Check your fuse box and confirm that the corresponding switch is firmly in the “on” position. If not, flip the switch back to the “on” position. If so, you have ruled out a circuit problem.

Replace the fluorescent bulb with a new one. Turn the ignition switch. If the light comes on after a few seconds, you will know the original bulb burned out.

Items used in fluorescent bulbs are becoming more and more popular due to their significant efficiency advantages over incandescent bulbs. According to the Department of Energy, compact fluorescent bulbs can last six to 12 times longer than incandescent bulbs.

Lighting element

Fluorescent bulbs use mercury as the lighting element because it is more efficient than the tungsten filament that is used in incandescent bulbs.

The bulbs also contain argon, an inert gas. According to the EPA, CFLs can use up to 75 percent less energy. Phosphor coating Fluorescent bulbs use phosphor, a powdered substance, to coat the bulb and convert the UV light that is generated to the visible light people see.

Cover Some fluorescent bulbs have a glass or plastic cover that fits over the bulb to show more light than a traditional incandescent bulb. However, the cover may increase the time it takes for the lamp to reach its maximum brightness. Warning Mercury is toxic to humans and can escape if the bulb is broken.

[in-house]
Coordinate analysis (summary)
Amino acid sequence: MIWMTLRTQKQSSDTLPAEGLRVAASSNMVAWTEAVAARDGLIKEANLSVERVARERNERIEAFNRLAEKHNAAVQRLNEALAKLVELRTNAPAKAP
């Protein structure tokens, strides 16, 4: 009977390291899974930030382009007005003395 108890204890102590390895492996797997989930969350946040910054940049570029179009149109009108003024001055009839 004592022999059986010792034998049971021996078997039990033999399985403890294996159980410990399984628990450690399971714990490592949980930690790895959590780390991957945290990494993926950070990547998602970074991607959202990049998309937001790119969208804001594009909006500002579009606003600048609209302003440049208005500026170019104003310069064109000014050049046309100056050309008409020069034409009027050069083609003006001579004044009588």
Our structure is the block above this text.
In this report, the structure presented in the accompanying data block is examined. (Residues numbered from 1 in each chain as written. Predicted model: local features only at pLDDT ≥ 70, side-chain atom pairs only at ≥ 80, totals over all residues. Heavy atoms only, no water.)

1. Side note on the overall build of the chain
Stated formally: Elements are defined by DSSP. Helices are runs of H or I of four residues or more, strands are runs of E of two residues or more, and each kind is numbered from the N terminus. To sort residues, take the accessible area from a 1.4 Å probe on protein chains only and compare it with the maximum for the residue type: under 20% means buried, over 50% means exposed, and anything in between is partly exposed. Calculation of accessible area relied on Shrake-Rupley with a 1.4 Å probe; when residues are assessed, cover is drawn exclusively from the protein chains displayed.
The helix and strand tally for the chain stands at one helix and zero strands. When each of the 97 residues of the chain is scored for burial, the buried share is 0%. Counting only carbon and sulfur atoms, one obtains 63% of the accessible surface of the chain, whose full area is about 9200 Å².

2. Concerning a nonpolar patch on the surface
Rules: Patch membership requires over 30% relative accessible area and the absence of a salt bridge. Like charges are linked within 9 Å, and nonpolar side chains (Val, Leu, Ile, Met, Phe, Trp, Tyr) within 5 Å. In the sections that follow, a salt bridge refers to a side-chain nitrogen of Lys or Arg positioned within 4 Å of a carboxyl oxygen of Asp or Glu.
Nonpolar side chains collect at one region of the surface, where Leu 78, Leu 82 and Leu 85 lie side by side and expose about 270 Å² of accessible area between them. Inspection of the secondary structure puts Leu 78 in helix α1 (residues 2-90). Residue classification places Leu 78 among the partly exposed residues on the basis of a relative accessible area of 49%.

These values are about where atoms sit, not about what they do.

Therefore, government regulations restrict how fluorescent bulbs can be eliminated. How they work Fluorescent lights emit light when electricity flows through them excites mercury atoms.

When the mercury returns to its normal state, it emits ultraviolet light, which in turn reacts with the phosphor to create visible light.

How to Replace Fluorescent Lighting With Regular So there’s a bit of fluorescent lighting that you don’t like, and you’re considering replacing it with incandescent light fixtures.

But before you go down that road, consider the impact on your electricity bill and your carbon footprint. Incandescent lighting requires multiples more electricity to operate than fluorescent lighting, producing a corresponding increase in your electricity bill, as well as in carbon emissions to generate the necessary electricity. Read on to learn more.